The Best Thing I Ever Learned – Part 1


So someone asked me recently what’s the best advice I’ve ever received as an author. It’s not like I’m an expert, and goodness knows I have a long way to go, but if I hadn’t gotten these tips, I would still be stumbling along in the dark with my eyes closed, trying to read a map on a moonless night, IF you know what I mean.

Most of this advice came from random encounters on my amazing writers group, The Online Writing Workshop for Science Fiction, Fantasy and Horror. And I’ll warn you right now, it’s too damn long so I’ve split it into two posts, the second of which I’ll post tomorrow. But with some luck, it will help someone out there. So without further ado, let’s start with the last and work our way up to the top!

5.  Psssst! They do things differently across the pond! But it doesn’t really matter that much.

When I first started, I had no idea that writing fiction had different rules depending on if you were American, or part of the Commonwealth. I’m from the Commonwealth. We spell things differently from Americans. We punctuate differently. Heck, even our grammar rules disagree. Don’t get me started on that Oxford comma (fair warning–you’ll pry it from my cold dead hands).

The first person that pointed that out to me gave me a heart attack, I tell you. How would I ever learn all the American rules? How would I ever remember them? It was simply impossible. I was doomed to never get published in the US. Doomed, I tell you!

Then I spoke with industry professional after industry professional and realised that they don’t really care all that much about it. They are already aware of all those differences. It doesn’t affect their opinion of your work. All you have to do is use one system–British or American–consistently. They have copywriters to worry about the rest.

This same thing applies to just about every thing that affects how you format your manuscript. Sure, they would appreciate if you didn’t justify on the right side, and most agree that double spaces between lines would be nice. But they still disagree on stuff like whether the font should be Courier New or Times New Roman (though it’s leaning more and more toward TNR now). The best advice I got was to follow the submission guidelines of the publisher, and if you’re not clear on it, BE CONSISTENT. In your formatting, grammar, whatever. The publisher can fix anything, as long as you don’t do it seventeen different ways.

4.  Don’t take things so literally, otherwise known as apply several tablespoons of salt to all advice

You know all that advice you’re always getting? Adverbs are EVIL!! Get rid of ‘was’ and ‘were’ and you’ll slay the passive beast! Write what you know! Well let me be the first to tell you.

It’s poppycock. Fucking poppycock. But–and yes, there’s a but–only if you’re a brand NEW writer who tends to adverb and passive voice all over the place. The trick, my dear writer, is figuring out if you are the writer the advice is meant for. And I’ll tell you why.

If you, as a writer, never learn to correctly and effectively use adverbs, the passive voice and your own experiences properly, you’ll write the most awkward and fake book ever written (hint, I just used adverbs without murdering your eyes or small children). You want to know what’s more important than following every piece of writing advice you come across (especially advice provided by famous authors)? Actually using your search function to find out what the hell it is you’re trying to avoid so much. Want to avoid overusing, or incorrectly using the passive voice? Then I have a hint for you–just slashing ‘was’ and ‘were’ from your books won’t remove it. Want to contain the evil of adverbs? Buy a thesaurus and look up the definition of adverb. Hint–they are not all the words that end in -ly.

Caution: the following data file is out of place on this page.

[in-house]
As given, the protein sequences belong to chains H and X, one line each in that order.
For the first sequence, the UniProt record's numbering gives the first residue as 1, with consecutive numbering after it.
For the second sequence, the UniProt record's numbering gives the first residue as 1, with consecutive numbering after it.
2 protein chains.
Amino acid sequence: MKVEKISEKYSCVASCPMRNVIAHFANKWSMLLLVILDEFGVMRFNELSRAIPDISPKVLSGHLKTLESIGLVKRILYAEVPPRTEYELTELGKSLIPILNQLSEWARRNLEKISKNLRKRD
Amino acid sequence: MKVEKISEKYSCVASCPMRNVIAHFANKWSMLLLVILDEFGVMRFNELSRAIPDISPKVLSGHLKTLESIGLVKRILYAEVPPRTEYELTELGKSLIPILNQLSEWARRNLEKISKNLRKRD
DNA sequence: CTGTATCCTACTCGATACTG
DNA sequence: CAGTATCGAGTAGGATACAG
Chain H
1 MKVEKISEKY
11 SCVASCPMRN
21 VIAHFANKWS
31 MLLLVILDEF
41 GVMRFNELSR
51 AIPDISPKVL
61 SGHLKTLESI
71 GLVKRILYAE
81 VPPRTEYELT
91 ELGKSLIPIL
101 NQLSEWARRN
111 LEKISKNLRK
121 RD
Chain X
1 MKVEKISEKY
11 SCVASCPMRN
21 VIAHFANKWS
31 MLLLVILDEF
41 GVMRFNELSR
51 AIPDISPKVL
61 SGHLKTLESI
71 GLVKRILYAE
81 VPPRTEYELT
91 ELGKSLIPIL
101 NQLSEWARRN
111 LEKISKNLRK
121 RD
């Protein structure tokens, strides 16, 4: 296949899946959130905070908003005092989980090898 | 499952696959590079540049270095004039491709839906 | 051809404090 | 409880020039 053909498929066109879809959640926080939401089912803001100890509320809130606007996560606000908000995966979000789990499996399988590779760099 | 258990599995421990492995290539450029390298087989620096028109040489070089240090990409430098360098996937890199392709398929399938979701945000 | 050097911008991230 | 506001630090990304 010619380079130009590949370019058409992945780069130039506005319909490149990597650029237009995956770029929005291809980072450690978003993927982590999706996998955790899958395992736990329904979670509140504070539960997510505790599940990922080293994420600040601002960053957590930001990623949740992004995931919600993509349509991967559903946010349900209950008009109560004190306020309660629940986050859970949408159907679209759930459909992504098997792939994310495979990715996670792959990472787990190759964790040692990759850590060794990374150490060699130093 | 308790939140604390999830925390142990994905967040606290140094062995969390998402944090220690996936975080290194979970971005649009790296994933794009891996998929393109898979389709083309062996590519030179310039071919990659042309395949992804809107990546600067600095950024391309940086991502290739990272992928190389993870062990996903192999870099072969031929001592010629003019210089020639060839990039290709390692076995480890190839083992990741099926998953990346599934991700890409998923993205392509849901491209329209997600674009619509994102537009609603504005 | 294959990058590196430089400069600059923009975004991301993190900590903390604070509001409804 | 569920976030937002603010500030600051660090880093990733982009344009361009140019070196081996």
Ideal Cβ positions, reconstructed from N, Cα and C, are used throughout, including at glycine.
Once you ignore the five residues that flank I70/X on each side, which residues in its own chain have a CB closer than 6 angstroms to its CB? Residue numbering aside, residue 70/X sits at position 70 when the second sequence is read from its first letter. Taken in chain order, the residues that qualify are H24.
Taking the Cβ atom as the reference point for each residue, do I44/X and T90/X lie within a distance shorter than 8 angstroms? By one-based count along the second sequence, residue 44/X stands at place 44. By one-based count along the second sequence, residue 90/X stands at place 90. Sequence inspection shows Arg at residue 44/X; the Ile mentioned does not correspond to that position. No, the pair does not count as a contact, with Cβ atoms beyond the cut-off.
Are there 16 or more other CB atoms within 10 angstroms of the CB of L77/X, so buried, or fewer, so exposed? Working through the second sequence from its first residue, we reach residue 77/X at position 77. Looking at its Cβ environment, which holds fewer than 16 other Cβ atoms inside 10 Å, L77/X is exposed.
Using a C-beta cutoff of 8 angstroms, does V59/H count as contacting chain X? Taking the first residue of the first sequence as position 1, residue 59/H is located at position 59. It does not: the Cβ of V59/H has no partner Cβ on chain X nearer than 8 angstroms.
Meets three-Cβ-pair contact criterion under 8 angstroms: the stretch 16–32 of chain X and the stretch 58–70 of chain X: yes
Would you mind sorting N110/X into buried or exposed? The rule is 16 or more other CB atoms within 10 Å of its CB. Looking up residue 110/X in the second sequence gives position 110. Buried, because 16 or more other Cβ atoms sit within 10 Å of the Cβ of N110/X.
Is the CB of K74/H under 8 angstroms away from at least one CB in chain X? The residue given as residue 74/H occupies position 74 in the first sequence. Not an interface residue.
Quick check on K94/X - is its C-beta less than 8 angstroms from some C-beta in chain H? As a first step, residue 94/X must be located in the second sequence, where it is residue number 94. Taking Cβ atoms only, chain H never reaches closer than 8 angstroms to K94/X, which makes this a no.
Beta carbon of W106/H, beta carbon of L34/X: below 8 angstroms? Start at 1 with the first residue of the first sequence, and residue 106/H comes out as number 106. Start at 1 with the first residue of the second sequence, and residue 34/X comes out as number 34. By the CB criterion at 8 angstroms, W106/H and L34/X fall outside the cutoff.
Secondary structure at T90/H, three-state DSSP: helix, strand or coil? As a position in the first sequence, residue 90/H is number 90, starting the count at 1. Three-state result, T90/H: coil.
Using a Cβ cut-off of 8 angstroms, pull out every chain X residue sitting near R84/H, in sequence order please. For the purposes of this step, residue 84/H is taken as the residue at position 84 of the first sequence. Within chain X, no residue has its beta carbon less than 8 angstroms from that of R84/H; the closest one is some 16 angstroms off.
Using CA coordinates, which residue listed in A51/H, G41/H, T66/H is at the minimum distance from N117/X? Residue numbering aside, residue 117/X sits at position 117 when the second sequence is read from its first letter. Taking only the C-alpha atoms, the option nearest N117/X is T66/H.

Because if you don’t know the definition of what you’re trying to avoid, then you have a way bigger problem than adverbs or passive voice.

If you want to know about grammar or definitions, Google can help. You’ll find what you’re looking for if you just put a little effort into it. Just don’t swallow advice whole without first testing it out by looking it up in the real world. Not even my advice.

And if you want to write what you know–although I do encourage research–please be advised that most of the spec fic writers I know have never walked the bridge of a starship, never breathed the terra-formed air of Mars, and never met a werewolf while out on a midnight jaunt. It’s about accessing the reality of your experiences and the world around you and infusing your work with that genuine emotion and setting. You may not have visited Mars, but you might know how it feels to land on foreign shores for the first time. How everything smells different, and how the light is just so. That’s what they mean about write what you know. Take your reality and ground your fantasy with it. You’ll reach your readers far better if a kernel of truth is at the heart of everything you do.

Which leads to the next tip:

3.  Pay attention!

Tune in for part 2 tomorrow…

4 thoughts on “The Best Thing I Ever Learned – Part 1

  1. I worry less about punctuation because that is what copywriters are for. I just make up my mind if I intend to use British English or American English when writing.

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